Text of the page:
It has been found that no attention is being paid on the road safety aspect by the district authorities. It is observed that many workers are engaged in cutting grass and other wild vegetation in Panipat and adjoining districts without taking the safety aspect into consideration.

According to officials, it is mandatory for the workers to wear fluorescent jackets while working on roads. The illuminating jackets make visible the workers from a fair distance to the motorists. But it is found that the same is not followed at most places.

Pleading that they have not been allotted any such jackets, workers say fear of fatal accident keep haunting them. It is also observed that even obstructers are not placed on the road where some work is on.

Talking to TNS, several commuters complain that unregulated workers on the GT road continue to pose traffic hazard. Workers with grass cutting implements in their hands appear suddenly on the road, thus increasing chance of accidents, they say.

Another major threat to the motorists is posed by the publicity trucks parked in an unauthorised manner along the NH-1. It is a common scene in Panipat, Sonepat and other districts located on the GT Road where trucks mounted with hoardings remained parked on both sides of the roads.

Though highway police is in place, no attention is being paid to the continuous nuisance on the highways. The apex court has banned the display of hoardings, glow signs and other publicity materials along the national highways, but the authorities remain mute spectators.

The officials, meanwhile, admit that hoardings and glow signs distract the attention of the drivers but say there are no clear-cut instructions about these hoarding-mounted vehicles.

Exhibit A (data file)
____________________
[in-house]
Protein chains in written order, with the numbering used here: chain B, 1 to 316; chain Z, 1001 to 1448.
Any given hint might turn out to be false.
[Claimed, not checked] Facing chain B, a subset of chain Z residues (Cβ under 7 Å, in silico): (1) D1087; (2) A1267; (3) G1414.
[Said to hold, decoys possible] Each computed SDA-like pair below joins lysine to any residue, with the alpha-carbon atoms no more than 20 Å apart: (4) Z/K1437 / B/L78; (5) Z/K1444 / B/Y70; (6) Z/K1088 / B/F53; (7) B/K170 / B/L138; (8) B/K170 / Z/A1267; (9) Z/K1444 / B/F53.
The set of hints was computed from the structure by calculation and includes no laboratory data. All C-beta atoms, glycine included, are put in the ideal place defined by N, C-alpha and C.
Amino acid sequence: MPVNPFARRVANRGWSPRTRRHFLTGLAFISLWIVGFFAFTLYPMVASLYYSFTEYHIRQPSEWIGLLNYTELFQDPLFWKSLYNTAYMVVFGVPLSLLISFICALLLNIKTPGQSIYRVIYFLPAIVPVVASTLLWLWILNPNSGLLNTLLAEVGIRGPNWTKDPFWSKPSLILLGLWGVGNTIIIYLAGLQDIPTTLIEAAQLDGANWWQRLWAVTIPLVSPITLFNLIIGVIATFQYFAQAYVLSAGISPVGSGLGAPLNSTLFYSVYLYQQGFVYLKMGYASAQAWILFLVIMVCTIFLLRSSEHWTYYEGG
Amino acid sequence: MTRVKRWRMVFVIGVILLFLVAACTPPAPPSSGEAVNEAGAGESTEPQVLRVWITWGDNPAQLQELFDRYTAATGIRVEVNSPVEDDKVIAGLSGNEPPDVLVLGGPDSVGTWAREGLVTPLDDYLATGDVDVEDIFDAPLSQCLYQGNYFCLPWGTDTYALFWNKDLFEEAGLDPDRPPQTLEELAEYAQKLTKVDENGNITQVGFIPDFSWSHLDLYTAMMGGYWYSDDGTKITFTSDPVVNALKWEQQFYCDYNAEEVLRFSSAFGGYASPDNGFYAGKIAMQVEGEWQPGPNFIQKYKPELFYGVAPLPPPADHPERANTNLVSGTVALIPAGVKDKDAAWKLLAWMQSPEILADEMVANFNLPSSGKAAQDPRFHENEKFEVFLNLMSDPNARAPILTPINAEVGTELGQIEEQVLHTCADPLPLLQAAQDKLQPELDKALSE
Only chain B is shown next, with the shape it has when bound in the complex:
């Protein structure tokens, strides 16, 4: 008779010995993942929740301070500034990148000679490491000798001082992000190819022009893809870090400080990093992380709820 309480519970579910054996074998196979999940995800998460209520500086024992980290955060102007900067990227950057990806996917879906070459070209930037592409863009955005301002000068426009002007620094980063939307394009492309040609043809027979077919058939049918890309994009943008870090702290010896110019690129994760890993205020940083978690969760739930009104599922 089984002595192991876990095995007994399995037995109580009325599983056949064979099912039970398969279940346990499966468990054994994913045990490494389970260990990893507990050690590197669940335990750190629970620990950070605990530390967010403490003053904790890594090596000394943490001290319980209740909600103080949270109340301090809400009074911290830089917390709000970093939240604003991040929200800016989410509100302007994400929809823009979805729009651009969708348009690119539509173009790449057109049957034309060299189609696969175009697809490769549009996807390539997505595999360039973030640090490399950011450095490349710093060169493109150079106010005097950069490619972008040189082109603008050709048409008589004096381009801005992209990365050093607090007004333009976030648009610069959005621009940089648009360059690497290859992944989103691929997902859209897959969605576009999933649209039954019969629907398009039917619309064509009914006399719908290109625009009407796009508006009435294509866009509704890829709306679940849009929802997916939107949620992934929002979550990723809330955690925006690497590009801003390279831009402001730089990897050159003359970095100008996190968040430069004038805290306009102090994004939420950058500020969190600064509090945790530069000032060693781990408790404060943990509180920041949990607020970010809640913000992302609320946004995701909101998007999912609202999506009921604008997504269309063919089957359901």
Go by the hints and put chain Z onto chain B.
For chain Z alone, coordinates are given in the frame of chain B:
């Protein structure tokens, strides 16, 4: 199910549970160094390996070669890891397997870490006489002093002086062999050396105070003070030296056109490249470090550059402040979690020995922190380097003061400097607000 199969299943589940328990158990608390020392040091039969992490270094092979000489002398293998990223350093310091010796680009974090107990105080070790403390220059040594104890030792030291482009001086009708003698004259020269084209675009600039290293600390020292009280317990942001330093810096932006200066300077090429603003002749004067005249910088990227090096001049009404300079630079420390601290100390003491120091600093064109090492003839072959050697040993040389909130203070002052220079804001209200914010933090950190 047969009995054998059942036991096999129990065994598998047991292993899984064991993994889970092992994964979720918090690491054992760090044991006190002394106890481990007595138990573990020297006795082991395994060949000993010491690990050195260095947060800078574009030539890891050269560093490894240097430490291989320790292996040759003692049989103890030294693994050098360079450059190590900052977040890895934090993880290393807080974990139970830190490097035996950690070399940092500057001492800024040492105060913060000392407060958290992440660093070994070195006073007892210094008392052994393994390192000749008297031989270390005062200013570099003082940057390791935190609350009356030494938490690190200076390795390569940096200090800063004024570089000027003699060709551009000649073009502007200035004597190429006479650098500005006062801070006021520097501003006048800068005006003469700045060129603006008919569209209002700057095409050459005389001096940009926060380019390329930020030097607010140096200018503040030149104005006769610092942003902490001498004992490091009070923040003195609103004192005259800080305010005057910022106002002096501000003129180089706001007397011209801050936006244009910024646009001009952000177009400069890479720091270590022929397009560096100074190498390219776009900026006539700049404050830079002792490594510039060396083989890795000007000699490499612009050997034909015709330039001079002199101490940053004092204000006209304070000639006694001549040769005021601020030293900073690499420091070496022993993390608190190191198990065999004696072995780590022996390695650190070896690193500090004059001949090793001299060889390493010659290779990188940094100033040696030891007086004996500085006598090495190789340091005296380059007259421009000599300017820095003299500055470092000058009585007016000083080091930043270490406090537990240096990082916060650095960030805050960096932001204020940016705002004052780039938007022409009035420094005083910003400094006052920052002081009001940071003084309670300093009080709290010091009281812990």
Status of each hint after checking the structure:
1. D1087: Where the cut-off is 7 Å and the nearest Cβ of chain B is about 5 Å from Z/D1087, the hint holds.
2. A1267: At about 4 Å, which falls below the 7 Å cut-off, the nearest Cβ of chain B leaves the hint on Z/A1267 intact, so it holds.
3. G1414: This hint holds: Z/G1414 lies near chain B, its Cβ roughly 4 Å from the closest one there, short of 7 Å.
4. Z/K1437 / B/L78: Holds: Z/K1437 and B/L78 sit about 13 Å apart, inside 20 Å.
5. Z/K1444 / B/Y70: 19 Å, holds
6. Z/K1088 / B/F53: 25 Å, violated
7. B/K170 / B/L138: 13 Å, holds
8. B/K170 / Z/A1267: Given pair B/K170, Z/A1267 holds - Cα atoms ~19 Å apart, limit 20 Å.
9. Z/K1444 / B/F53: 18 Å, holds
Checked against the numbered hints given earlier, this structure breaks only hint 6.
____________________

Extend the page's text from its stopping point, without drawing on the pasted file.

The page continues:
Faculty shortage hits MD varsity
Sunit Dhawan
Tribune News Service

Rohtak, August 23
Thanks to the blanket ban imposed on the appointment of faculty members at Maharshi Dayanand University (MDU) here, an acute shortage of teachers prevails at the university teaching departments. Ad hoc measures like employing guest teachers are being taken to keep the show going, though regular recruitment is the need of the hour.

The department of education is being run by only one regular faculty member, while there are merely two regular teachers each in the departments of computer science and defence studies, three each in English, mass communication and fine arts and four each in public administration and music

According to senior faculty members, no regular appointments have been made for more than a decade now. On the other hand, the number of teaching departments, courses and students has been on the rise.

The heads of the teaching departments are under tremendous pressure from various quarters, including students. So much so that the head of a teaching department was recently forced to resign due to mounting pressure as a result of inadequate faculty.

To gauge the gravity of the situation, sample this: the department of education is being run by only one regular faculty member, while there are merely two regular teachers each in the departments of computer science and defence studies, three each in English, mass communication and fine arts and four each in public administration and music. There are only five regular teachers in the departments of physics and mathematics. The engineering courses, started recently, are also being run by temporary or guest teachers. All this despite the fact that as per the UGC specifications, each postgraduate teaching department of the university should have one professor, two readers and four lecturers. From the prevailing situation, it is quite evident that the provision of autonomy for the universities exists only in the name. Let alone the traditional academic disciplines, the university is bound to seek due clearance (read permission) to appoint teachers and other staff even in the self-financing courses.